Archbishop Rowan is talking in view of the Holy Spirit who in that Pentecost arrival revealed the permeating, unifying power of God’s presence and love. To this extent we never pray on our own but are joined in our current prayer with those who are praying everywhere now, to those who have prayed before and those wo will pray in the future. This is a big idea, distinctively Christian, that we are all in the body of Christ but which perfectly allows us to pray alone. Times have changed since Julian of Norwich was immured, but in medieval times every town of consequence wanted to have at least one solitary, anchorite or anchoress, for the town regarded this as part of its welfare services. They were worth maintaining for the spiritual good derived from their prayers and penances. Mother Julian may have prayed on her own but her prayers and revelations sere for us all. Nothing private about that even if in private.

So to the question, do we need churches, should we bother opening them at all particularly just now when we offer no collective worship? We might stay at home guided by prayers on Facebook or Twitter or simply sit quietly in our armchairs. Some or many of you no doubt will do this but for others including me the sacred space has meaning and purpose, the framing of prayer time a value. Firstly there is the going. I know it is not possible for everyone but I like to walk to the church; it is a wonderful aspect of parishes that you can see people on a usual Sunday morning walking up the church path, hopefully not rushing but mentally steadying themselves. Then through the door into a place where countless have come before to bring their hopes and fears a time set apart to talk with God, praying (in the words of the Prayerbook) as well for others as themselves. A church engages multiple senses, the acoustic, the visual, a sense of smell and touch all of which contribute to the way we feel. I am sure we need them.

From Monday then we will carefully open our churches for you to come and pray in them, to give thanks and to bless his name” to be both apart and yet together in the mystery that is now, has been, and shall be for ever.


Saturday, 6 June 2020


Trinity Sunday 2020
Isaiah 40:12-17, 27 - end

The question I want to ponder this morning is “As our human knowledge increases does God become more or less mysterious?” Our reading from Isaiah this morning finds him full of wonder:

“Who has measured the waters in the hollow of his hand
and marked off the heavens with a span
enclosed the dust of the earth in a measure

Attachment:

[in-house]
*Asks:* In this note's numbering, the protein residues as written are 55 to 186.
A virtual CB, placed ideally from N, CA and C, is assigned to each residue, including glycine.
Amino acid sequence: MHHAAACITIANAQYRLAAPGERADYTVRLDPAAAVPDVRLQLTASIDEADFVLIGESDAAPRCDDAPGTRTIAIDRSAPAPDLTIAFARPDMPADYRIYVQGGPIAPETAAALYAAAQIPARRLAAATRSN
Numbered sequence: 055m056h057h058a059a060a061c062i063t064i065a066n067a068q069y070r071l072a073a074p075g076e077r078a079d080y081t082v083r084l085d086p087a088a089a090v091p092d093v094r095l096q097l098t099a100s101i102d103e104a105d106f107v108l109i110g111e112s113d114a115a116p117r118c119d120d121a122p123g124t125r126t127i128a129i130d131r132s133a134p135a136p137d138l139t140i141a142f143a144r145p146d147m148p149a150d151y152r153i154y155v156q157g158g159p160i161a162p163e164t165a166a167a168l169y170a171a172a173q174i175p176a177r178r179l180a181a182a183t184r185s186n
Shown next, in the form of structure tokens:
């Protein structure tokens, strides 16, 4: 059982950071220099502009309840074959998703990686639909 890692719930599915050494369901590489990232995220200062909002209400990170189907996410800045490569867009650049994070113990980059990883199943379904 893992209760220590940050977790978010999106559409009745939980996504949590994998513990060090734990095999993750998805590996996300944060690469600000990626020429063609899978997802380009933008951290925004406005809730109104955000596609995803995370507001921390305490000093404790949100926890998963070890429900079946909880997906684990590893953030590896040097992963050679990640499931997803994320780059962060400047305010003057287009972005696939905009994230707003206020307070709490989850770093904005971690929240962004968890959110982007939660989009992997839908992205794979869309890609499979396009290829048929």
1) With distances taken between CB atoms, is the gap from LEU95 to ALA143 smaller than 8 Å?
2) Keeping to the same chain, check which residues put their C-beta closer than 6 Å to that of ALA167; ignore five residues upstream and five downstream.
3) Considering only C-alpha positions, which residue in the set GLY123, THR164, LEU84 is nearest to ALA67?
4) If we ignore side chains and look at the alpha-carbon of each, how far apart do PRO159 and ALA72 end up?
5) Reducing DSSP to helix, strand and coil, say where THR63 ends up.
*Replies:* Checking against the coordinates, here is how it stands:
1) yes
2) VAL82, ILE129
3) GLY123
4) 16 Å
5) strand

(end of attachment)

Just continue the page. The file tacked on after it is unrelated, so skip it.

And weighed the mountains in scales and the hills in a balance?”

Although phrased as a question Isaiah is full of certainty. Faced with creation he is convinced not only of God’s existence but of God’s capability. Ever since Darwin’s dangerous idea1  there have been attempts to take God out of the picture by delving deeper and smaller. Contract this with Isaiah who steps back to look at the big things: the heavens, the seas, the whole earth of the earth, the mountains and the hills and who concludes that God is much bigger than all these. To help us, like a modern photographer who places a person in front of the Great Pyramid for scale he sets the creator against our sizes: a span, a measure, a scale or a balance.

Our science, however, seems more concerned with building blocks, the components of life, the genome, the DNA, the components of the universe, the particles, waves, quantum mechanics. The microscopes and telescopes were not there for Isaiah but if they had been I like to think he would have written in the same way.

Newton is of course now old hat superseded by Einstein who by now may be also partly old hat. Once I imagined I understood the atom, the proton, neutron and the electron, the orbitals and the excited states but that by now is very very old hat. My father- in- law a professional nuclear physicist in his day, wondered recently what he had missed and ordered a first year undergraduate textbook - the book was large, the print tiny and the changes considerable.

Considerable and for me often marvellous. There is a new thing, well new for me at any rate called “Quantum Entanglement.” This is a complex idea now demonstrated by more complex experiments that allows that something can be in two places at once. The technical definition is that entanglement occurs “when two (or more) particles are such that their quantum states cannot be described independently even though they are apart.”

Today is Trinity Sunday, where we reflect on the threeness and oneness of God and most especially the perfect loving, making sure we stress loving here, the perfect loving relationship between them. Or, even though God, Father, Son and Holy Spirit may be far apart they are indivisible and cannot be described independently.

The more we learn the bigger God becomes.


1 Dennett Daniel C Penguin 1995

Saturday, 30 May 2020

Pentecost Sunday : Language

Every Pentecost I speak about the miracle of language: “And how is it that we hear,each of us in our own native language?” Language is a textured complexity; the acting schools will remind you that the words themselves are only a minor part of any communication, with our facial expressions and tone of voice far and away dominating the story. During lock down I have been doing a couple of things which may have a bearing on this - listening to France Musique and also an audiobook edition of Oliver Twist.